I have learned invaluable mechanics and strategy from watching pros play. You can study all the YouTube guides you want, but RLCS is the only place you witness a culmination of mechanics and strategy being executed at the highest level in the world. If you are below Platinum, I would probably focus more on Rizzo’s series than trying to learn from RLCS gameplay.
Most people do not enjoy this game mode, myself included. However, it is a excellent game mode for discovering certain inadequacies and accelerating your progression. It teaches you consistency, 50/50s, kickoffs, and better decision making. Many of these concepts are executed differently in team game modes, but there is still plenty of crossover. This is the one game mode where you can’t blame your teammates, so with an open mind it will teach you humility and patience. It is normal to be around one full rank lower than your 2s or 3s rank.
Watch your replays
When I was in Platinum/Diamond, I found myself at peak frustration with my teammates. If you ever find yourself in this situation, go back and watch the replay from your teammate’s perspective and then your perspective and see if you still feel the same way. It only took me a couple replays to realize I was usually just as bad as my teammate. Don’t get me wrong, some games are almost impossible to win due your teammate’s blunders, but sometimes we are that person to someone else. The sooner you can accept this, the sooner you can start adapting to your teammates instead of blaming them.
Don’t be toxic, be nice, and never give up
Make an effort to use positive quick chat whenever a teammate does something good. On the other hand, use apology quick chat whenever you make a mistake. Being nice will discourage your teammate from being toxic. However, some people will be toxic no matter how nice and patient you are. Instead of engaging with them, just ignore or mute them.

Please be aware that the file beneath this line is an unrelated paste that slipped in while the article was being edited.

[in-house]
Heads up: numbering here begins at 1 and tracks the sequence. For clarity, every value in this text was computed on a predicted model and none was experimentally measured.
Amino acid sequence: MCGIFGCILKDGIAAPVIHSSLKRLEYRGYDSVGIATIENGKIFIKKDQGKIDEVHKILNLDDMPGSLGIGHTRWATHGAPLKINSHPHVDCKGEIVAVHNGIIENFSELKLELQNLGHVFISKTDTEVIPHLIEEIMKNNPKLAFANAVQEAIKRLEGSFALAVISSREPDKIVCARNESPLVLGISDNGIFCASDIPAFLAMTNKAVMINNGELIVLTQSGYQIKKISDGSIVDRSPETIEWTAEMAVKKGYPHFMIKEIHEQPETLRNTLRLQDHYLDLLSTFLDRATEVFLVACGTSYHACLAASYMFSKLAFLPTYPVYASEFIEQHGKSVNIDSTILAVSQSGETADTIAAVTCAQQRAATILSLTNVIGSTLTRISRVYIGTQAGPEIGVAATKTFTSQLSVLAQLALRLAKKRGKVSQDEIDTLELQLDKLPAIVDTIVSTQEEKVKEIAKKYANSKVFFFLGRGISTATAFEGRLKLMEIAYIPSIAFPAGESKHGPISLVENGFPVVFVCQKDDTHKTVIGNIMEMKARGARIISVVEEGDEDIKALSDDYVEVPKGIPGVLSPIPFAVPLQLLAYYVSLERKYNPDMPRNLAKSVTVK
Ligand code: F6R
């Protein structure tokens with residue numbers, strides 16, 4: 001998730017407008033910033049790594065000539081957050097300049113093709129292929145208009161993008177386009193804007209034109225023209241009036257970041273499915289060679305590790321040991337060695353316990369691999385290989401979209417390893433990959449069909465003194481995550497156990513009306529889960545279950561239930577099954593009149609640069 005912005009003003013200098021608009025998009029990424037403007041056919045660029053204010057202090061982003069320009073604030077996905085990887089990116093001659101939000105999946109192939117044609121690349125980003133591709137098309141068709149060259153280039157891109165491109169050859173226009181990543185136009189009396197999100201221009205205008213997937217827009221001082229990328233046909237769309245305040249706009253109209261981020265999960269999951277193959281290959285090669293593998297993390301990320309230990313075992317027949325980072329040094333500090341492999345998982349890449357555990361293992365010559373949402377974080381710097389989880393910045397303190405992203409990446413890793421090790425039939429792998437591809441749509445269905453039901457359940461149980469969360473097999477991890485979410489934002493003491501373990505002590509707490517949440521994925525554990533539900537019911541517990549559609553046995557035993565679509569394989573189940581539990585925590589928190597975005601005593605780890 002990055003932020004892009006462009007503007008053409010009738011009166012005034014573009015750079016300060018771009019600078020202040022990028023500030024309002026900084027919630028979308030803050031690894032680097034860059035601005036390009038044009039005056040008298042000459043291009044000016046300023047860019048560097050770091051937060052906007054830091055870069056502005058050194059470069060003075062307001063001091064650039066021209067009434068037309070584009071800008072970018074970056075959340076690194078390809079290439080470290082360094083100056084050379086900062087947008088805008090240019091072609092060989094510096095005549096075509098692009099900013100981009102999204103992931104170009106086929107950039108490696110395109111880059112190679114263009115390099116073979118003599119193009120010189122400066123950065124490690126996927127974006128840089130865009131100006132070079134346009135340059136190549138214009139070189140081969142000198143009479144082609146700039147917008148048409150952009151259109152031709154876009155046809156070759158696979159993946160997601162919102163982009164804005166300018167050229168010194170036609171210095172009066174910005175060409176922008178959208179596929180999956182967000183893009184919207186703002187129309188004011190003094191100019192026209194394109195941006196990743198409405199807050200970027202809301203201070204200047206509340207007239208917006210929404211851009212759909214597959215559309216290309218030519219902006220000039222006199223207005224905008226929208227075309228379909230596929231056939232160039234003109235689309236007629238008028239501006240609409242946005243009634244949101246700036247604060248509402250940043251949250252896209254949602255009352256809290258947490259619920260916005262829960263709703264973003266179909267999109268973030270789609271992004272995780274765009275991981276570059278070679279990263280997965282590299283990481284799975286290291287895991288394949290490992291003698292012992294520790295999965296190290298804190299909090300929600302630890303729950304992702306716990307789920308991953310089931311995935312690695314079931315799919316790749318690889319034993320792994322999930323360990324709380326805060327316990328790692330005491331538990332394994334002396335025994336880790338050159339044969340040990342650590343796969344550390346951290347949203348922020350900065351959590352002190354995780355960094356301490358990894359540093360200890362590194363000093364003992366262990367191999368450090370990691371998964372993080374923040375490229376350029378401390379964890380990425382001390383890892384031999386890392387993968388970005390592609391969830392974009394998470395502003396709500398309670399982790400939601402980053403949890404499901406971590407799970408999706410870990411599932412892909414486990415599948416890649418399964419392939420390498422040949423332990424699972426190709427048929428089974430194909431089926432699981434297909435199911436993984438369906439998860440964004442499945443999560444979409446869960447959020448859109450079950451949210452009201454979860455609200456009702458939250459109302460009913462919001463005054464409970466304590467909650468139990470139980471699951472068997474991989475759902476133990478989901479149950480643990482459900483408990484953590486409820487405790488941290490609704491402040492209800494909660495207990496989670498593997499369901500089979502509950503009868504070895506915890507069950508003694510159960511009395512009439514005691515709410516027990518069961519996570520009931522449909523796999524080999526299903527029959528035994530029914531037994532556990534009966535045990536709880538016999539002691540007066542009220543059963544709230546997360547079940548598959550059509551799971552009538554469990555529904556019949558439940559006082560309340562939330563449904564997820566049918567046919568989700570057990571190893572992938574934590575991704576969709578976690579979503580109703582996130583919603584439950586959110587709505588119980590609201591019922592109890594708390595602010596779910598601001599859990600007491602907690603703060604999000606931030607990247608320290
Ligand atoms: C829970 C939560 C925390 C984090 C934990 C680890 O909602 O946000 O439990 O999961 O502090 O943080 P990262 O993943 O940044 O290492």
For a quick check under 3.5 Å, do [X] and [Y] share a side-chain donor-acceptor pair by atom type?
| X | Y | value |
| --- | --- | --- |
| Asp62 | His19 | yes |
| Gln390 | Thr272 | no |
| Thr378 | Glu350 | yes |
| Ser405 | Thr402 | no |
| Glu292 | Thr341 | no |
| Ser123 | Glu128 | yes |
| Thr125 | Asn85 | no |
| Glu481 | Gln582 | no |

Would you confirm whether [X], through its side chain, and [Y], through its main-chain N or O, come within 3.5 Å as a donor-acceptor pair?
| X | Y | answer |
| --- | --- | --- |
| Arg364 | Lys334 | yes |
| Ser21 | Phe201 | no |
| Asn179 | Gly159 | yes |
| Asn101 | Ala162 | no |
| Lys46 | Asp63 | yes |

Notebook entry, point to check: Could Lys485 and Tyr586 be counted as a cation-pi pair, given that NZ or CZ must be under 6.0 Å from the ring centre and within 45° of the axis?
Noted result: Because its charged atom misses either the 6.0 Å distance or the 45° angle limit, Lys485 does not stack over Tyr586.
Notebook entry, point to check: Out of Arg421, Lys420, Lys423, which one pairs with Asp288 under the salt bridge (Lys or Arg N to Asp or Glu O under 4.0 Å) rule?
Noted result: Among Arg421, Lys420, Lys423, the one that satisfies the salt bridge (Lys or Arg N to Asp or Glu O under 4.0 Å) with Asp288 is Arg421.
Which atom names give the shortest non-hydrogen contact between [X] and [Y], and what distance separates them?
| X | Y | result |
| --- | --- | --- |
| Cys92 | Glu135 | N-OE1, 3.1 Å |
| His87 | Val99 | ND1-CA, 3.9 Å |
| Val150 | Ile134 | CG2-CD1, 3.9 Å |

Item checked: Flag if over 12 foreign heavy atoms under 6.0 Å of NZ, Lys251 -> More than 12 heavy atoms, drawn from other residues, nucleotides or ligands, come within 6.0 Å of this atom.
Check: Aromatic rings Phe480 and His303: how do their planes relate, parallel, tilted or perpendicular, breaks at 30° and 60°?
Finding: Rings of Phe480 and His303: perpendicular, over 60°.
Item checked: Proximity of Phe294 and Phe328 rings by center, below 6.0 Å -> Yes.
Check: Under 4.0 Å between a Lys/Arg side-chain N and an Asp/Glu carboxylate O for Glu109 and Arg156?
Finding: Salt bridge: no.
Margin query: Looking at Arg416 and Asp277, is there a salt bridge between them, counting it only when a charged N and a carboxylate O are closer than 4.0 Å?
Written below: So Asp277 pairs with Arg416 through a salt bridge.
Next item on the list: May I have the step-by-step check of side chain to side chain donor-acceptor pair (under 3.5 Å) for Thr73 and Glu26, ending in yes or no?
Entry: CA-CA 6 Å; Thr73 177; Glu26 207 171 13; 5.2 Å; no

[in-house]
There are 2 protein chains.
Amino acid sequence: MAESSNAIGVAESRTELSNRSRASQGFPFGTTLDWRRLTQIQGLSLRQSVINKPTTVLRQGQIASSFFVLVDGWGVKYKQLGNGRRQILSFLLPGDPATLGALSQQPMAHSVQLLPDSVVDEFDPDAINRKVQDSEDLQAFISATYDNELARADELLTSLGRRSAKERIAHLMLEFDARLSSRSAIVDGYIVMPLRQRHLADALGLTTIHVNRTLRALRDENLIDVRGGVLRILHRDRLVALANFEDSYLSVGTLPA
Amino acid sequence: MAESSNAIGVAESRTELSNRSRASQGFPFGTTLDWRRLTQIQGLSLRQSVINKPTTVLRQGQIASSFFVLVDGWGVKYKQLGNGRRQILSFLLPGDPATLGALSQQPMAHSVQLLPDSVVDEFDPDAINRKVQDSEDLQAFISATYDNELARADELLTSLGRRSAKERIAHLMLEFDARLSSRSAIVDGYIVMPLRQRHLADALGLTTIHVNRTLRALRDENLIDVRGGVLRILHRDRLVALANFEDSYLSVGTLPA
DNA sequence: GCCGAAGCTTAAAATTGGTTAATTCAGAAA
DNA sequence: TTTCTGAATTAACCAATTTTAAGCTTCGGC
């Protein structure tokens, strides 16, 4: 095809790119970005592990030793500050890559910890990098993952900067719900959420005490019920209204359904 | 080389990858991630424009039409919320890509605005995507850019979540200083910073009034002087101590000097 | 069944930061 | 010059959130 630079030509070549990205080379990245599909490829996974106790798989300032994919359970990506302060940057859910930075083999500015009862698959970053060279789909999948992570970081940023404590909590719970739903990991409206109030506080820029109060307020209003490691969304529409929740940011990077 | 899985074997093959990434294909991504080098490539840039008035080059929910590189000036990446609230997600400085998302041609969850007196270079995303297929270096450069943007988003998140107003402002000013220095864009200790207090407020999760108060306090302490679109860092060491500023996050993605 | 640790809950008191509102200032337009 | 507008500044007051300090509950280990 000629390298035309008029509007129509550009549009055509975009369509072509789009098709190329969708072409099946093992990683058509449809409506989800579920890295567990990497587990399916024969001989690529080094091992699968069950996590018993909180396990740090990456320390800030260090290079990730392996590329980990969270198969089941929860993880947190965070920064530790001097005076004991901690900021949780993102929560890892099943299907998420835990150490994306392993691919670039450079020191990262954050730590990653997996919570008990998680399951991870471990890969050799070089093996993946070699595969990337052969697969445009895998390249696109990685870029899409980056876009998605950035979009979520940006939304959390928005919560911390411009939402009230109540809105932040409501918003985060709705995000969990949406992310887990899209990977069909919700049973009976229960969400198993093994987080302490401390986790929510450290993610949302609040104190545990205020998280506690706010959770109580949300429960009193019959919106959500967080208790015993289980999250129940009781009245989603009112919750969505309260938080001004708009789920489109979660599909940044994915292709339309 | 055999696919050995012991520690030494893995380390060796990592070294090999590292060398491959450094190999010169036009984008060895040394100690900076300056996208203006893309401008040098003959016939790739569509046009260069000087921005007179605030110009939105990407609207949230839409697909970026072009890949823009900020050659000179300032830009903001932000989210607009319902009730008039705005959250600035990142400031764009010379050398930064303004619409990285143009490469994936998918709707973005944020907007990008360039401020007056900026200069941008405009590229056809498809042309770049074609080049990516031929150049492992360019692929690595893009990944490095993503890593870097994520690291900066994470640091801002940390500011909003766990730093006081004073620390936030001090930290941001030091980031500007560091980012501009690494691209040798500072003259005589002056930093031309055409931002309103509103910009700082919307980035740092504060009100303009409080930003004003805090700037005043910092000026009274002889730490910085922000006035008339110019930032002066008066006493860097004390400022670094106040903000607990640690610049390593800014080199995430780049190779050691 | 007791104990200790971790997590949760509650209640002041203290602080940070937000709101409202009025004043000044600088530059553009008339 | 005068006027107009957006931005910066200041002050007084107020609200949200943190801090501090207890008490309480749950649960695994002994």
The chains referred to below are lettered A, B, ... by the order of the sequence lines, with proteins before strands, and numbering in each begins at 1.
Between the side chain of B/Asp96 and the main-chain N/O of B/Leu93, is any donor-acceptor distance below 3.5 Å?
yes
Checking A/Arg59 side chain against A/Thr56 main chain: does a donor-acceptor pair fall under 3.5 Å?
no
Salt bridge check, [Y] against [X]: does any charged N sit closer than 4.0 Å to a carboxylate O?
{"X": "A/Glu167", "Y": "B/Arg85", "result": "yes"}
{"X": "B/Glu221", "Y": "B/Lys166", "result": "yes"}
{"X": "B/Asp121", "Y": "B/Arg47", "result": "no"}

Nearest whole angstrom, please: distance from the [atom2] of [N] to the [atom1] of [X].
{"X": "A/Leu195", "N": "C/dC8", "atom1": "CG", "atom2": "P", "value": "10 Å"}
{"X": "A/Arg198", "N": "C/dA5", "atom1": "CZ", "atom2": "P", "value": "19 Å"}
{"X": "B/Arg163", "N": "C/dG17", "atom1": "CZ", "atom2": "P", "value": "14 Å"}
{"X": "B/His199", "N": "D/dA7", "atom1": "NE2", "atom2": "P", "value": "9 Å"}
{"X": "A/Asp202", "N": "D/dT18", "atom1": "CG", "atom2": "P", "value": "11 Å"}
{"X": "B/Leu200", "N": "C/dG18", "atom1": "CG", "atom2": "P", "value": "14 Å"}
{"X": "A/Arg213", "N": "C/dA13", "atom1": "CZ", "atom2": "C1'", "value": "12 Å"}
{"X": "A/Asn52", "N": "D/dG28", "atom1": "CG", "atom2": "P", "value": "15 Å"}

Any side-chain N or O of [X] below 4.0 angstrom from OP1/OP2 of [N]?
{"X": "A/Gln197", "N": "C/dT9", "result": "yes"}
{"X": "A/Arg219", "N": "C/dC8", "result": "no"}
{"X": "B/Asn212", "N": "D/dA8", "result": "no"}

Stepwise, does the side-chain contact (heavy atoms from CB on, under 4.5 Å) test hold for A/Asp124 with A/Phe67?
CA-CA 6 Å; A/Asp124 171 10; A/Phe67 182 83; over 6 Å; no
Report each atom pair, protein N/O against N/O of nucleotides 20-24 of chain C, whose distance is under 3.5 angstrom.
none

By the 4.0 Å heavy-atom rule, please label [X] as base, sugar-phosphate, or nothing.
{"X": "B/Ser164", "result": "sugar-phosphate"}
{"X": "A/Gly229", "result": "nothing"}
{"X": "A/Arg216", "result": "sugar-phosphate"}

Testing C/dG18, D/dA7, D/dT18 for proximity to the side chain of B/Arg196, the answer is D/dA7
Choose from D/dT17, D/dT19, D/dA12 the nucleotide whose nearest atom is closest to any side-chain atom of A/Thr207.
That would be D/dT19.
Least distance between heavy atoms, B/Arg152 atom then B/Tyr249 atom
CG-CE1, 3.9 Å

I’ve had so many games where we go down 3 goals in the first minute. You can either (1) stay positive and encourage your teammate, or even apologize if they start blaming you, or (2) be toxic, argue, and/or forfeit. Being down 3 goals is already difficult to come back from, but (2) makes this nearly impossible. If you care about improving and ranking up under pressure, always follow (1).
Whenever someone starts spamming Wow! or Nice one! if I make any mistake or don’t do what they want, it definitely gets in my head and I play worse. Keep that in mind if you care about winning and this is something you do to your teammates.
Bringing it all together
If you are someone like me who prefers having a guideline for how much time to spend on each of these action items, here is a plan I suggest. Feel free to adjust the session ratios depending on what works for you.
- In your regular Rocket League session:
- 10-25% training/practice/replays
- 75-90% competitive 1s/2s/3s
- During extra free time:
- Learn new concepts
- Watch pros play. Watch current RLCS for the most relevant games.
I apologize for the length of this post, but if it helps at least one of you rank up then it’s worth it.
If you have any questions, please feel free to reach out.
Reference the bulleted links above. Optimize your settings, set goals, learn new concepts, train/practice, watch pros, play 1v1, and never give up.